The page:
Musical lyric in the vernacular in the Middle Ages. – During the 12th and 13th centuries, Provençal and Catalan troubadours invaded the cities and courts of the kings of the various Spanish countries. To limit ourselves to the troubadours of which we have preserved some melodies, we must mention Marcabru, Peire Vidal, Peire Ramon of Toulouse the Elder, Peire d’Alvergne, Arnaut Daniel, Raimbaut de Vaqueiras, the monk of Montaudon, Arnaut de Mareuil, Giraut de Borneil, Folchetto of Marseille, Bertran de Born, Raimon de Miraval, and Giraut Riquier.
According to PLUS-SIZE-TIPS.COM, Alfonso I, Pietro I, Giacomo I and Pietro II in Catalonia-Aragon, and Alfonso VIII, Ferdinand III and Alfonso the Wise king of Castile, are the kings who most distinguished themselves in favor of troubadour art and music. The most important monument of the Spanish musical lyric of the century. XIII is given by the three codes of Canticles Spain Maria of King Alfonso the Wise, king of Castile and León (1282-1284). By that name we mean the religious songs of King Alfonso generally dedicated to the Virgin. This king was not only a poet but also an excellent composer. The canticles that we preserve today in the measured musical notation of the century. XIII, which shows the mixed modal rhythm, are about 420. Their musical construction (not their rhythm) maintains a very close relationship with that of the Italian lauds of the Cortona and Florence codices. Of profane songs with a Galician-Portuguese text, only 6 cantigas da amigo are known, by the Galician troubadour Martín Codax or Codaz, a native of Vigo.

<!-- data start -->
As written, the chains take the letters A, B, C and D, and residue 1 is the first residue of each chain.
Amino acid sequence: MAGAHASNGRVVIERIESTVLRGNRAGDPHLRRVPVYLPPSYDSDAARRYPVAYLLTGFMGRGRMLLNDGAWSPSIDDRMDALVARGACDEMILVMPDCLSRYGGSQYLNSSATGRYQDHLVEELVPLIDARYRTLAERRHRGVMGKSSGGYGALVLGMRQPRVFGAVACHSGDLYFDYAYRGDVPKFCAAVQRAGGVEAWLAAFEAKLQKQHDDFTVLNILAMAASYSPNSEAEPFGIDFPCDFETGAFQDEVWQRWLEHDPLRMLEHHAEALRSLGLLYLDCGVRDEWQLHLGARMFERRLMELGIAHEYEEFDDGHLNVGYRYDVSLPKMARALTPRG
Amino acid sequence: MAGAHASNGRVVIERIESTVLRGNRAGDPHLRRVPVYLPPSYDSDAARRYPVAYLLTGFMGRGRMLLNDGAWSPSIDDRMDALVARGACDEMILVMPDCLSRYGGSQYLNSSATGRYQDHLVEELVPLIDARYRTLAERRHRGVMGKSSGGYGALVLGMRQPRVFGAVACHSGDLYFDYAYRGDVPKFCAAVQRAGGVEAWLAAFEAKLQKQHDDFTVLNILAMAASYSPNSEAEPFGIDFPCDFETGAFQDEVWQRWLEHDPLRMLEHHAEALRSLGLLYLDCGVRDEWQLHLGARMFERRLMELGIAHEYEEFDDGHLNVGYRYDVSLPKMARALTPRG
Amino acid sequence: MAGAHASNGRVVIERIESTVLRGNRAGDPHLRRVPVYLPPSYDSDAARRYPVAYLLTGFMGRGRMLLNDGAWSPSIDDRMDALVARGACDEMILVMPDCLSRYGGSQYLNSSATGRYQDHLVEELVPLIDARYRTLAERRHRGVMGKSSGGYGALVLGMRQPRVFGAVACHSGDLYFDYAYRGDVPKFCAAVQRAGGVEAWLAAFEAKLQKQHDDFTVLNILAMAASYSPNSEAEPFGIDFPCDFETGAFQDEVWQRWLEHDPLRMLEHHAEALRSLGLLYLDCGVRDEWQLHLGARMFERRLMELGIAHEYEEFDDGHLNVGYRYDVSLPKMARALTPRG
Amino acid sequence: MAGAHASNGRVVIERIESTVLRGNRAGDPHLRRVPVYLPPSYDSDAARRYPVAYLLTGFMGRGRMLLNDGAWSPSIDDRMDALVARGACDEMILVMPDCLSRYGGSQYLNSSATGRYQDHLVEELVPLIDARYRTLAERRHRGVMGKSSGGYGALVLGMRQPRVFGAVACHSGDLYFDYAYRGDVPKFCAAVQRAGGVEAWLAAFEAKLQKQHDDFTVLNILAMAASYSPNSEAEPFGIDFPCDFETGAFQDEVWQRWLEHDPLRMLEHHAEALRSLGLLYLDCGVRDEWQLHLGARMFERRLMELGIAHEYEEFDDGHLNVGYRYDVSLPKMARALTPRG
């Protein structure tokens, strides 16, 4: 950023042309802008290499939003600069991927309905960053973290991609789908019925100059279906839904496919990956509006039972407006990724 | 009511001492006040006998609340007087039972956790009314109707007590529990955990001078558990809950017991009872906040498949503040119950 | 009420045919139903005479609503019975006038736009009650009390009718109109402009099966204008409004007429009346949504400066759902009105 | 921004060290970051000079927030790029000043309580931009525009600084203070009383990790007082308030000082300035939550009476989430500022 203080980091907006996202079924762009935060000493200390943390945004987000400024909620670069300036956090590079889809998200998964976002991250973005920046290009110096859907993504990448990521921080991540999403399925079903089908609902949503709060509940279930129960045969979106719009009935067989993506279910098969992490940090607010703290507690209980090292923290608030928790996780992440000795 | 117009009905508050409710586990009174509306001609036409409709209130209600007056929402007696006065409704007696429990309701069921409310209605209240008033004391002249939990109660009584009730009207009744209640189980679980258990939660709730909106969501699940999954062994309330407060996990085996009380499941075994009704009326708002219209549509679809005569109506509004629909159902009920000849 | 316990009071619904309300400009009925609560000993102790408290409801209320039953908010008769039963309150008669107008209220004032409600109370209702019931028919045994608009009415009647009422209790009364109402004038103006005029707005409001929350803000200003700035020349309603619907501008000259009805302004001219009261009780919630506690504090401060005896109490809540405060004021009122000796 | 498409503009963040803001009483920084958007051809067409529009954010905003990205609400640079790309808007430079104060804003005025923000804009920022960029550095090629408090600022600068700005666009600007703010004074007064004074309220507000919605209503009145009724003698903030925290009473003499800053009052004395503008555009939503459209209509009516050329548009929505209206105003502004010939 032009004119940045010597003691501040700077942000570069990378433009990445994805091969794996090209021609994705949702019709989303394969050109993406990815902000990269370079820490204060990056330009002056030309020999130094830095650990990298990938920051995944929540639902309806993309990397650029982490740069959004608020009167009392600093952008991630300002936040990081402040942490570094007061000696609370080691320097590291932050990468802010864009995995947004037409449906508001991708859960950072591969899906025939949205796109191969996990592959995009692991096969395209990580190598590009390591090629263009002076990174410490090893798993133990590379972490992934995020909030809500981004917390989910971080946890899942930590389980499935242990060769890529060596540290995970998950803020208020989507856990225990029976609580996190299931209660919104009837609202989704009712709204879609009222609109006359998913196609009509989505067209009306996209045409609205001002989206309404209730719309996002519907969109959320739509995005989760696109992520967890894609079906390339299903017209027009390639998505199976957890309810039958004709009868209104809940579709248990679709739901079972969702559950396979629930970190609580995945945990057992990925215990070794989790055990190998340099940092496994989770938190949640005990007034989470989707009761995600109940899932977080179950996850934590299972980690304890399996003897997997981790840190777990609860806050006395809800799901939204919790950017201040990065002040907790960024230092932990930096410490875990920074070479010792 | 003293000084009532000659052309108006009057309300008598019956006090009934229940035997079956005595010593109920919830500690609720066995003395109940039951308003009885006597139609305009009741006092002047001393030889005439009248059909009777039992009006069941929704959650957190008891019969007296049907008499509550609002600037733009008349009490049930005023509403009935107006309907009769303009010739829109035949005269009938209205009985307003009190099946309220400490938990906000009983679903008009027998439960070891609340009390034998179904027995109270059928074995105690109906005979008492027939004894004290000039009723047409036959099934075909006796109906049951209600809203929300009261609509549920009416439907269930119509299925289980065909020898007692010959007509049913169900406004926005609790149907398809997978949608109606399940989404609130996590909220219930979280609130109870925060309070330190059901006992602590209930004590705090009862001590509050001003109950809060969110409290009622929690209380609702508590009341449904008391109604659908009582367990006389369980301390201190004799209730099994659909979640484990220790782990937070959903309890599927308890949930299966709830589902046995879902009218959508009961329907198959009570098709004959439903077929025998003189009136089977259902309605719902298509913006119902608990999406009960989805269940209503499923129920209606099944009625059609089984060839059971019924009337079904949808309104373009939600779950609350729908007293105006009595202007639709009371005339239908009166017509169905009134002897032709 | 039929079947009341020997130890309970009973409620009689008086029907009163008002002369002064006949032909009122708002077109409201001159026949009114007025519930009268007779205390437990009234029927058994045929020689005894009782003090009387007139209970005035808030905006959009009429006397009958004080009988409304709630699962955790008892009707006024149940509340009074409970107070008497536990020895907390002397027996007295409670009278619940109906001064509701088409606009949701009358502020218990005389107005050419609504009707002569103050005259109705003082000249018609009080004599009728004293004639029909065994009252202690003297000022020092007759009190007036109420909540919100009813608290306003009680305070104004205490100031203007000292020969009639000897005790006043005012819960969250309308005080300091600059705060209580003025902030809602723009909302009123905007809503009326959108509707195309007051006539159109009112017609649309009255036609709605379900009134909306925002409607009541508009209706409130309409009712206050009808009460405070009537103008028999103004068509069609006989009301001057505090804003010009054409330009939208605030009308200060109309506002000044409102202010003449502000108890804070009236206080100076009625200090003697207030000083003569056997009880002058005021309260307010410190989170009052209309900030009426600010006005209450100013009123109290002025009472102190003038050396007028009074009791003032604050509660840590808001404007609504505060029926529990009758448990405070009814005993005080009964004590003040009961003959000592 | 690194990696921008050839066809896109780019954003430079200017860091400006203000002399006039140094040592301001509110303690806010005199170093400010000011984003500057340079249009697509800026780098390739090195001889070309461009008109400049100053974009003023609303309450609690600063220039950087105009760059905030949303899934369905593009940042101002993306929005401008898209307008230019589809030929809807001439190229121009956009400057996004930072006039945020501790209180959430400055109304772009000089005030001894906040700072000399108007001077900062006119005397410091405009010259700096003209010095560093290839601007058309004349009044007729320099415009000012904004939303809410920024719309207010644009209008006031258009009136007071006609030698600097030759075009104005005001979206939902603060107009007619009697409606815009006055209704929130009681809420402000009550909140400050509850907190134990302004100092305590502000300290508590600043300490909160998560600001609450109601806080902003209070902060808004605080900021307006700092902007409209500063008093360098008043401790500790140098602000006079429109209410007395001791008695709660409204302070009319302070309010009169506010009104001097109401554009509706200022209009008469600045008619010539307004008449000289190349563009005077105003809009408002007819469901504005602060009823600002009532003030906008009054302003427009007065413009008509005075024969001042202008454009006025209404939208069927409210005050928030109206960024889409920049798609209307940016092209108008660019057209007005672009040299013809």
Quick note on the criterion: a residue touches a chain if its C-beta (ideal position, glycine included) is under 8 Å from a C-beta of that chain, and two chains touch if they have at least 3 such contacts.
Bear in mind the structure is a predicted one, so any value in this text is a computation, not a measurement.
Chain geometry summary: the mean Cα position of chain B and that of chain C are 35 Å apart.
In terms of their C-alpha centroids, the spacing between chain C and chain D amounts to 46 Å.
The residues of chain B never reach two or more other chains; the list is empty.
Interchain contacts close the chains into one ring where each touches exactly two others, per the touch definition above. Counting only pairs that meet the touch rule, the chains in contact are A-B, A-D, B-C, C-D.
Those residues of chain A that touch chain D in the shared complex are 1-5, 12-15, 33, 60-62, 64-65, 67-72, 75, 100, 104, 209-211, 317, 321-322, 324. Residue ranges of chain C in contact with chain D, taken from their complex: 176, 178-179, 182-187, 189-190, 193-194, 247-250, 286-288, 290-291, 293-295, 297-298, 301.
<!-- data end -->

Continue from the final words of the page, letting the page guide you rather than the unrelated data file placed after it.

Polyphony of ” Ars antiqua “. – We do not know on what the truth of the affirmation of Virgilius Cordubensis is based, where he in his Philosophia narrates that in the sec. XI at the Arab University of Cordoba had two masters of music de ista Arte quae dicitur organum. Certainly in the monastery of Ripoll he was well acquainted with polyphonic uses already in the 11th century, which in Santiago di Compostella were instead practiced in the first half of the century. XII. The Callistino di Compostella codex of 1137 preserves 21 examples of organum which follow the style of the repertoire already practiced in Spain Martial of Limoges. About the cathedral of Tarragona we know the name of an organist Lucas Magnus (d. 1164).
In the century XIII it is known that there were various centers of vocal music: the cathedral of Toledo, the monastery of the religious of the Cister de las Huelgas (Burgos), Ripoll, Tortosa, etc.
The music of “Ars nova “. – From what has been said it is clear that, as far as ancient polyphony is concerned, Spain is worthy of being placed after France and England, the richest European nations in this respect. Instead, as for the polyphony of the ars nova (after 1320), the Castilian repertoire appears very scarce; not so the Catalan, whose archives offer us immense material of historical documentation about the music of the century. XIV; documents that show how the counts-kings of Catalonia-Aragon were always surrounded by musicians and instrumentalists from the courts of Flanders, France, Germany, Italy and England; which to serve for the amusement of the court, which instead intended exclusively for the liturgical-musical service of their chapels. Musicians from the papal court of Avignon and others from Germany, Flanders or the peninsula itself are cited as expert singers. In the Catalan court the works of Guillaume de Machault were highly esteemed in their time. There was also the famous Jacob de Senlèches known under the name of Jacomi, and we also meet Graziano Reynau, a native of Tours, who served in the royal palace of Barcelona during the years 1390-1429. Musical codes preserved in France, Italy and Catalonia offer a small part of the religious and profane repertoire practiced in the courts and churches of Catalonia and Aragon. Just as this repertoire reminds us of that of France, that of the monastery of Montserrat contained in Llibre Vermell is partly reminiscent of Italian with its hunts and ballads.